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Range planned for young shooters

Discussion in 'Legal' started by Desertdog, Jan 21, 2006.

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  1. Desertdog

    Desertdog Member

    Dec 26, 2002
    Ridgecrest Ca
    Needed; many more of these.

    Range planned for young shooters
    It could be open by summer and serve as site for safety classes

    WHITE CITY — Ron Sherva looks out across the football field-sized lot and sees land wrought with rocks, mud puddles and standing water from this winter’s perpetual rains.

    "The ground’s so soft that anything you drop will sink right down," Sherva says.

    But closing his eyes, Sherva envisions dozens of young guns happily taking their first shots at targets from shooting benches under a large canopy that shelters the kids as well as instructors and parents.

    Sherva believes his vision should be reality this year with the opening of a new shooting range in White City designed and dedicated for shooters under 18 years old.

    The range, along with an accompanying building for hunter-education classes and meetings, could open as early as this summer and become a permanent home for hunter-ed classes and youth groups that teach shooting skills.

    "Boy Scouts, Girl Scouts, 4-H. It’s for anyone who wants to teach kids and use this range," says Sherva, a hunter-education instructor and officer in the Rogue Valley Chapter of the Oregon Hunters Association.

    "I’m really happy that everything’s coming together so we can open it and use it," Sherva says. "There could be 600 to 800 kids using this each year."

    The range will be the sixth public shooting area on Jackson County lands off Highway 140 and operated by the Rogue Valley Shooting Sports Association.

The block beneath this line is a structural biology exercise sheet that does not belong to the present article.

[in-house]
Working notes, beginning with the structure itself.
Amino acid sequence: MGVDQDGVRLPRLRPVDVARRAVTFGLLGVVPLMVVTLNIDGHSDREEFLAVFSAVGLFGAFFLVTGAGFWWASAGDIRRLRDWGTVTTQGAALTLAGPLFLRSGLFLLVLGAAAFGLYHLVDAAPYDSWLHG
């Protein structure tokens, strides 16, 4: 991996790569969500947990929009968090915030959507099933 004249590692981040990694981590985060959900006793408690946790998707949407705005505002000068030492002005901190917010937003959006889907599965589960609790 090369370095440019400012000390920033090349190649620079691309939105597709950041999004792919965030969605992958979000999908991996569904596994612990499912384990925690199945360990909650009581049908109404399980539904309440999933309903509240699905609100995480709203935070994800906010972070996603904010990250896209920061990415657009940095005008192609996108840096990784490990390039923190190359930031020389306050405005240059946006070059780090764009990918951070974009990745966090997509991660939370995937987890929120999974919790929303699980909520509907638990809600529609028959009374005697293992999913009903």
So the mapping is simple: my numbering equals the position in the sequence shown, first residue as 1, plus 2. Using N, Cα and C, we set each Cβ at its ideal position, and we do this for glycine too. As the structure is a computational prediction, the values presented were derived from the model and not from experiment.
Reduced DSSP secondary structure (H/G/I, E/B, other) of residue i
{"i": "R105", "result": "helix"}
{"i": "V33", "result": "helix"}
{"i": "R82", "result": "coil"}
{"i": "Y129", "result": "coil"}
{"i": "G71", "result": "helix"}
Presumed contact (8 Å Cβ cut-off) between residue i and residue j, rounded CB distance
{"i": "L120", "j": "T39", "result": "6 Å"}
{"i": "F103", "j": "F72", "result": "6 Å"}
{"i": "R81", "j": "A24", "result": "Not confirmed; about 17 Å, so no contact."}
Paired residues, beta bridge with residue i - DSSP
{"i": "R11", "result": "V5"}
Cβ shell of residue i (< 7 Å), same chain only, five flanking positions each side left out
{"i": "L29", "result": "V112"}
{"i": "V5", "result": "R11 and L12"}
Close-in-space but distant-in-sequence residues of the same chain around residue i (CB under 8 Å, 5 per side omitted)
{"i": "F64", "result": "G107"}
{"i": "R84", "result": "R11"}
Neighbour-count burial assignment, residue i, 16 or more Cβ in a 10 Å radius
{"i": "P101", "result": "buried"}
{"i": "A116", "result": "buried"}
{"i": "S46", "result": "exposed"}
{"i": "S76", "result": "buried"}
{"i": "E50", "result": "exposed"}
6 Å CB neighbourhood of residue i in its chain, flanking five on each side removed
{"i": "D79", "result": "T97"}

But as the only one dedicated for youth, it will create greater opportunities to recruit young hunters by ensuring plenty of range room for hunter-education courses, says Diane Bauman, a Medford woman who organizes hunter-education through the United Hunters and Sportsmen Inc.

    "I think there’s going to be a real demand for a dedicated range like that," Bauman says. "If we’re going to continue with our hunting heritage, we have to have a place for live fire.

    "We’re gung-ho on it," she says. "I’m glad to see it finally happen."

    When completed, it will sport eight covered shooting benches with targets available up to 100 yards. Three shotgun-shooting spots also will be available with automatic clay-pigeon throwers, while walkways — and one day some trees — will round out the area.

    The range has been in the works for about two years, with a combination of volunteer time, donated materials and about $10,000 in cash so far dedicated to the project, Sherva says.

    Sherva also has applied for Pittman-Robertson Act funds and a National Rifle Association grant to help finish off the project, which will cost about $60,000 to $70,000 when done.

    The Pittman-Robertson Act money will be used to build the classroom building, which will be at the nearby bow range because water and electrical services reach only that far onto the range property, Sherva says.

    The range will be open to the public, but closed to walk-up use during organized classes, Sherva says.

    The need for a youth-only range surfaced more than two years ago as a safer way to run the mandatory range requirements for hunter-education courses amid a sometimes busy public range, Sherva says.

    Reach reporter Mark Freeman at 776-4470, or e-mail mfreeman@mailtribune.com.
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